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GA Tech Getting Nanotechnology Research Center

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Georgia Tech gets $36M for Nanotechnology Research Center

Mary Jane Credeur

Staff Writer

Georgia Tech will soon have its very own nanotechnology research and development center thanks to a $36 million pledge from an anonymous donor.

Gov. Sonny Perdue announced the new center on Oct. 21 as part of the Georgia Technology Celebration event at the Cobb Galleria. Perdue said the new center will put Georgia in strong competition with other major technology research institutions such as MIT, Stanford, Cornell, Purdue, The University of Illinois and UC Berkeley.

"We must begin now researching how materials behave at the atomic level, because nanotechnology will have a significant impact on every product we manufacture in Georgia," Perdue said. "This time, we are not going to chase the wave -- we are going to help make the wave."

Nanotechnology can be used to help make better materials, such as eye glasses with glass fibers woven so tightly that they never need cleaning, stain-resistant clothing and storage devices the size of a sugar cube capable of storing all of the contents of the Library of Congress.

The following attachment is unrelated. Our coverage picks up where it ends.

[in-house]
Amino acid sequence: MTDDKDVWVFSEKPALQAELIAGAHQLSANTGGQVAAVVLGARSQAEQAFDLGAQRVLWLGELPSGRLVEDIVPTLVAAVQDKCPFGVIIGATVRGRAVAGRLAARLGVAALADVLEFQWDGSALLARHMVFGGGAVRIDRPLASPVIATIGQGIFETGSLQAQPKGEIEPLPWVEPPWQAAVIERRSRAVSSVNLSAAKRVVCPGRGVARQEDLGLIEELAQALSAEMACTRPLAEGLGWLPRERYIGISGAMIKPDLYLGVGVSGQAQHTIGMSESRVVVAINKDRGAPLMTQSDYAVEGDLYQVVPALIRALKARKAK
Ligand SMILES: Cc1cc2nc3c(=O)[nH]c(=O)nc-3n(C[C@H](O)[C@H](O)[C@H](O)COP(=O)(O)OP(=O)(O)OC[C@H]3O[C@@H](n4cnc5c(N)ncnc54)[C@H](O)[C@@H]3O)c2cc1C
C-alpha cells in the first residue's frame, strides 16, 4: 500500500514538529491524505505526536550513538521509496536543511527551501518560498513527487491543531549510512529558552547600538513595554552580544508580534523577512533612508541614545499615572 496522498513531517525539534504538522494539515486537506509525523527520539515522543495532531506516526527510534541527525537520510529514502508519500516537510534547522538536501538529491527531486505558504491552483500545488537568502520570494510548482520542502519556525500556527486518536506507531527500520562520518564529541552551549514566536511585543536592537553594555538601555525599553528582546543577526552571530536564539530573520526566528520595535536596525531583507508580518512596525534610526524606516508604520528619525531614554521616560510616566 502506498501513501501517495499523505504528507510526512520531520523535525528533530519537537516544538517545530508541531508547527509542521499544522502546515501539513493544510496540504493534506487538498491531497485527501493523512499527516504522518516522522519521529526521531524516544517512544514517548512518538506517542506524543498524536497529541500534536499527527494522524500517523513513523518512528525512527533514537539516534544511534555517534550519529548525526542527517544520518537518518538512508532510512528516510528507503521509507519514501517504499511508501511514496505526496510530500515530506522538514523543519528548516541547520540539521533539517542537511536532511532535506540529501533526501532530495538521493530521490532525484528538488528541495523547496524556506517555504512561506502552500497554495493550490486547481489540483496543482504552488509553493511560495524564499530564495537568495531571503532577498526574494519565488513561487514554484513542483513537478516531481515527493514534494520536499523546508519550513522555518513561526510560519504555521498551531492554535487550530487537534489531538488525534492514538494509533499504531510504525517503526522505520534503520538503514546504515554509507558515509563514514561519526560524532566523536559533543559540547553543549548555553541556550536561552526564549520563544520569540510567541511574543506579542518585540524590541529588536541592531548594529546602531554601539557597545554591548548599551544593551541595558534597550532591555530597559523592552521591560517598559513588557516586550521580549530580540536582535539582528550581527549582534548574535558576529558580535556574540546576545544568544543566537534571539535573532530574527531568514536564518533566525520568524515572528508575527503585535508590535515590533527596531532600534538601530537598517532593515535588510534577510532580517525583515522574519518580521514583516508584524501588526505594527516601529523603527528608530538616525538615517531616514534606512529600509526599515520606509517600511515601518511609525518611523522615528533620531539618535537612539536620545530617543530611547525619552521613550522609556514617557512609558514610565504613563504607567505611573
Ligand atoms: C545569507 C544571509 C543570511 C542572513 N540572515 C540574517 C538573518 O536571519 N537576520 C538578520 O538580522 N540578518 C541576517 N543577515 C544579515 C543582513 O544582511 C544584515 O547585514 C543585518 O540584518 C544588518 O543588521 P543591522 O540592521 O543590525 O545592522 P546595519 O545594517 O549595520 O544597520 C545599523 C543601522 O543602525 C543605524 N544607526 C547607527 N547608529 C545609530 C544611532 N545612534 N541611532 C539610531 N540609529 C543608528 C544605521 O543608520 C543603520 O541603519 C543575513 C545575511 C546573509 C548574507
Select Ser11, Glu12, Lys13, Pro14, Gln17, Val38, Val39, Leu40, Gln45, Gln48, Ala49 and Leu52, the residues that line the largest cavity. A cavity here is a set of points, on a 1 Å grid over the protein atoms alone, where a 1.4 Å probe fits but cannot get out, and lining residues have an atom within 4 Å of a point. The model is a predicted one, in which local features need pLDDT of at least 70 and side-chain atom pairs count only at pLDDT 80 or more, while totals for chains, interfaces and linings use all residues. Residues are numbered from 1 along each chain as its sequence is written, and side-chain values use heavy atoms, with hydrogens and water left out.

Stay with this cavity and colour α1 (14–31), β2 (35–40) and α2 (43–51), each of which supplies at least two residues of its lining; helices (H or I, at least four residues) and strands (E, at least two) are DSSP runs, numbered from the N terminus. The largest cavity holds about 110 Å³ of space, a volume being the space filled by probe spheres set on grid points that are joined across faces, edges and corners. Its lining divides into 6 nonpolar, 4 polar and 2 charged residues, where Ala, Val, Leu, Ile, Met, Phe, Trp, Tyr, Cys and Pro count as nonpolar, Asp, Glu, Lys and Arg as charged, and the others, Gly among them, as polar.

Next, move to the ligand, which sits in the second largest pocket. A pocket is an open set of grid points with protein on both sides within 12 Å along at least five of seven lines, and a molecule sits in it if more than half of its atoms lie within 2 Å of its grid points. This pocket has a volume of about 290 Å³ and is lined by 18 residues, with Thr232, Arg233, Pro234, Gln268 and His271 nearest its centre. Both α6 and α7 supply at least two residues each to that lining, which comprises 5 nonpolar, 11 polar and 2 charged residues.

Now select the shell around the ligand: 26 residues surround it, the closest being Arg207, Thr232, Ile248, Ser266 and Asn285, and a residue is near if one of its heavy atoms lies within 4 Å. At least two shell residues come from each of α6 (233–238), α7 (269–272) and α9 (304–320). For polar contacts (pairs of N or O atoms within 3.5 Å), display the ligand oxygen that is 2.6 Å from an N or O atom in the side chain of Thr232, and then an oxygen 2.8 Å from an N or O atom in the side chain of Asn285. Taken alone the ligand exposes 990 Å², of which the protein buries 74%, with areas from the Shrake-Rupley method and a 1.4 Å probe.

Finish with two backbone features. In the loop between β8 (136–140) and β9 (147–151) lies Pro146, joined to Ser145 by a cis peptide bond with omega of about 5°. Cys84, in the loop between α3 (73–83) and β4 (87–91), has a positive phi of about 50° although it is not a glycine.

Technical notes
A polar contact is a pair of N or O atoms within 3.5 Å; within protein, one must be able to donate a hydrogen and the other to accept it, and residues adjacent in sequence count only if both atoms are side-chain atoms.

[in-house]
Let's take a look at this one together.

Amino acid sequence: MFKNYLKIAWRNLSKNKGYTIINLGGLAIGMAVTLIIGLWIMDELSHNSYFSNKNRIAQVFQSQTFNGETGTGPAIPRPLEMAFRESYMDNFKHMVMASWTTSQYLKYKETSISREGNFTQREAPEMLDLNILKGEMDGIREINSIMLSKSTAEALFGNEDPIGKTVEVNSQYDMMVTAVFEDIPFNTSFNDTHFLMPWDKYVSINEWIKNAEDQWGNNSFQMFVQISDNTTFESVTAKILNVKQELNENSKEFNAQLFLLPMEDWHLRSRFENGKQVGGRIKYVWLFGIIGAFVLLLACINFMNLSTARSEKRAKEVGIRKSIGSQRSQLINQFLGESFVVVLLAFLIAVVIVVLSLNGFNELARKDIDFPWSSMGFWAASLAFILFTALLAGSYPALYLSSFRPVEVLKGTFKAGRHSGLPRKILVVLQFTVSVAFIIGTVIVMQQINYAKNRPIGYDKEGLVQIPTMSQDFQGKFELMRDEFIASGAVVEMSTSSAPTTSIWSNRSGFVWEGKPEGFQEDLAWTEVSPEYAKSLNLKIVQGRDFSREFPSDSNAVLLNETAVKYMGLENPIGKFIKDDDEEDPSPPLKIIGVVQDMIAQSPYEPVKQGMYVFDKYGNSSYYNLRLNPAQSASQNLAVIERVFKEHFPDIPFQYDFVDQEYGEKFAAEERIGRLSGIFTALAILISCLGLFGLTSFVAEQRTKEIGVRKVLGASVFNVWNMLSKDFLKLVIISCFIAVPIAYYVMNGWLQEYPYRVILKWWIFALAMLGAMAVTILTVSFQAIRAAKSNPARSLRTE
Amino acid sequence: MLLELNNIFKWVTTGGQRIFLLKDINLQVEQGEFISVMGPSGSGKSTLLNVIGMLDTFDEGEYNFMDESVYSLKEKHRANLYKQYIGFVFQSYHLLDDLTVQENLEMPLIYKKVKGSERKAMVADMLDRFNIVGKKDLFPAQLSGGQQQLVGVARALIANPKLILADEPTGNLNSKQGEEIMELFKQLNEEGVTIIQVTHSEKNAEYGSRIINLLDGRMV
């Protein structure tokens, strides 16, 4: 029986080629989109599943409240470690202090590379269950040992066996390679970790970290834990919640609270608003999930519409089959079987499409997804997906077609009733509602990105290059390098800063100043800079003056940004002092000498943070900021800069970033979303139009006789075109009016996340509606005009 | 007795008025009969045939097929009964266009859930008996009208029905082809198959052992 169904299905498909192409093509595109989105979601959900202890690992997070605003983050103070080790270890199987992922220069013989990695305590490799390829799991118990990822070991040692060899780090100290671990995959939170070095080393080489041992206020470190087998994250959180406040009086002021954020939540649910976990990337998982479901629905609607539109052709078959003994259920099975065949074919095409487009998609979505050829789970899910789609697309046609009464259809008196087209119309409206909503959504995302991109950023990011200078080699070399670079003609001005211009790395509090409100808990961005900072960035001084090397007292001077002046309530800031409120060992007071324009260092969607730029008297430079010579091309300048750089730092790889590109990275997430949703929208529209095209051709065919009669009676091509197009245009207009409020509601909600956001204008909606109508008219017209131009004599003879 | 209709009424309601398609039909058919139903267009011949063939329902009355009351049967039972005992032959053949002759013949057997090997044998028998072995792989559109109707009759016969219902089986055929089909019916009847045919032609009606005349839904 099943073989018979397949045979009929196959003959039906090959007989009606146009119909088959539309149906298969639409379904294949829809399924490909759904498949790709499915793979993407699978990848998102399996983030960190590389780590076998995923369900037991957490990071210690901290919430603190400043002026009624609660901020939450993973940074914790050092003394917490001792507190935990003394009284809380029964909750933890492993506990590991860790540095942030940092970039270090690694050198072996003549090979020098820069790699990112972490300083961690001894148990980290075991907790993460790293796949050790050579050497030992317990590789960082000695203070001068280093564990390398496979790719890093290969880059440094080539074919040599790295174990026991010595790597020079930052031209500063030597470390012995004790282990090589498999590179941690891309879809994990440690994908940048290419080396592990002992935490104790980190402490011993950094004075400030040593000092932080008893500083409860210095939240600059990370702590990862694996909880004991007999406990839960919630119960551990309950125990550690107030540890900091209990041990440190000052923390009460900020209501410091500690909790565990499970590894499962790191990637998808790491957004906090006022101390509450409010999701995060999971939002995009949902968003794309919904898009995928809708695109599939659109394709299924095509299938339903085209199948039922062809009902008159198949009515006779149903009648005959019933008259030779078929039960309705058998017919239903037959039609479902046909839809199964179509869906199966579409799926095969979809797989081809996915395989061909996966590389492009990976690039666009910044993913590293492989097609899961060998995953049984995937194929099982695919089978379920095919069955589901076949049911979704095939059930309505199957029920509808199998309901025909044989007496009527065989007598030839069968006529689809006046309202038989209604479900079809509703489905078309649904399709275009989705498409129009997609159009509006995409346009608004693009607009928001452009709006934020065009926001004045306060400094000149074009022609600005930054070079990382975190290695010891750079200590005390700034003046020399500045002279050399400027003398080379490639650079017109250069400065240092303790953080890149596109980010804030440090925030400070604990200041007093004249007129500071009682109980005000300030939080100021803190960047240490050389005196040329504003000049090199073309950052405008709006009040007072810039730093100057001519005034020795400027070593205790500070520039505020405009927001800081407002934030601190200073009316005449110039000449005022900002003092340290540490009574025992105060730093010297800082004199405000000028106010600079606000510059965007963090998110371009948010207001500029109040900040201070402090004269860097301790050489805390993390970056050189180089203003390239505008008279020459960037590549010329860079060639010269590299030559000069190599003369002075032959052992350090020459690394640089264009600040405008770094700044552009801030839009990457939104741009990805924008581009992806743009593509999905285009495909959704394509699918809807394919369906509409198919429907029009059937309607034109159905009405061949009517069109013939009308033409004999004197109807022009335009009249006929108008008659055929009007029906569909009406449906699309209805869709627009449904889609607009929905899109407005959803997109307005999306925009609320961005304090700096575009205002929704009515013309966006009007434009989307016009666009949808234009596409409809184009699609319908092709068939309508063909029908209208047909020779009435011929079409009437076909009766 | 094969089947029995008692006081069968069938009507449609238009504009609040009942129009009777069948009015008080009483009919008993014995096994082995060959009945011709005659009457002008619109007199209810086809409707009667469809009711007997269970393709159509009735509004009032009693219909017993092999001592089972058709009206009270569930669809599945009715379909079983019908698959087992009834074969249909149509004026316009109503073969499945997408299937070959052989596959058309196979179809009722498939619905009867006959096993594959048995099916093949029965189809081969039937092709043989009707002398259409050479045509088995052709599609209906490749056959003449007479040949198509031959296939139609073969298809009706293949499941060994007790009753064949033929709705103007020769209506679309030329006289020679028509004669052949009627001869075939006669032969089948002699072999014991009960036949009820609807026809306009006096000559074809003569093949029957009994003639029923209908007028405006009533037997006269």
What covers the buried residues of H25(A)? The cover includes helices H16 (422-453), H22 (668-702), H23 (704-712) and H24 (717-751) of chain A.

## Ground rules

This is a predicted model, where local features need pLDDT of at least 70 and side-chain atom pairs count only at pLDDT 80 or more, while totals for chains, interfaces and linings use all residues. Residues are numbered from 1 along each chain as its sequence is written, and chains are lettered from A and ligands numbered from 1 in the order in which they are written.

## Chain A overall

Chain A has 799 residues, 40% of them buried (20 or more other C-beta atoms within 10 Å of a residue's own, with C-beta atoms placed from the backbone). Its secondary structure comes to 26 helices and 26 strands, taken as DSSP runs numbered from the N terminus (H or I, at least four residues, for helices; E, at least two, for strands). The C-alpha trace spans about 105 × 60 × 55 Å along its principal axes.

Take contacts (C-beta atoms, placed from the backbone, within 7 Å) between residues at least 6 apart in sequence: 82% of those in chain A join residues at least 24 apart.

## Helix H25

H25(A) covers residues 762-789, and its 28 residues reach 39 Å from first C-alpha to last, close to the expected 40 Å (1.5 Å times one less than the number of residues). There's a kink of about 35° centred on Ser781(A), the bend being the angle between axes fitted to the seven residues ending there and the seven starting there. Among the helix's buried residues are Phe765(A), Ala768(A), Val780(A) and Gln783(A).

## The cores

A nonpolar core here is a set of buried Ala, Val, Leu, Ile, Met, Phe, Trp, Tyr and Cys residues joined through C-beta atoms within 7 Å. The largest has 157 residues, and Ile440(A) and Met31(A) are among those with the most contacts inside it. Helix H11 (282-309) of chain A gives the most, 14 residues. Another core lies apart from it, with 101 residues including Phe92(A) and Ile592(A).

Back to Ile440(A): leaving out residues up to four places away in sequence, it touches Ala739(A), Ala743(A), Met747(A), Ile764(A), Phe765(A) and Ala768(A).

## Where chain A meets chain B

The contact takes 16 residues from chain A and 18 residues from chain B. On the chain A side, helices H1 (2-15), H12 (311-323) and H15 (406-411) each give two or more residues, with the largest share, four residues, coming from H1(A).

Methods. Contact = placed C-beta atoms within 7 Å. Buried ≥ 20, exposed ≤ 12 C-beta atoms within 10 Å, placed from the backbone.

The Nanotechnology Research Center will be built as early as next year but will not officially open for three years, said Wayne Clough, president of Georgia Tech. It will be in the middle of the university's campus where the old nuclear reactor building now stands. Among the center's features will be a "clean room," a room free of microscopic particles that interrupt nanotechnology research.

Perdue said he would recommend to the General Assembly that they commit a "strongly supportive state match in the coming years," to help build the center.

Clough said Georgia Tech officials had been thinking about a project like this for several years.

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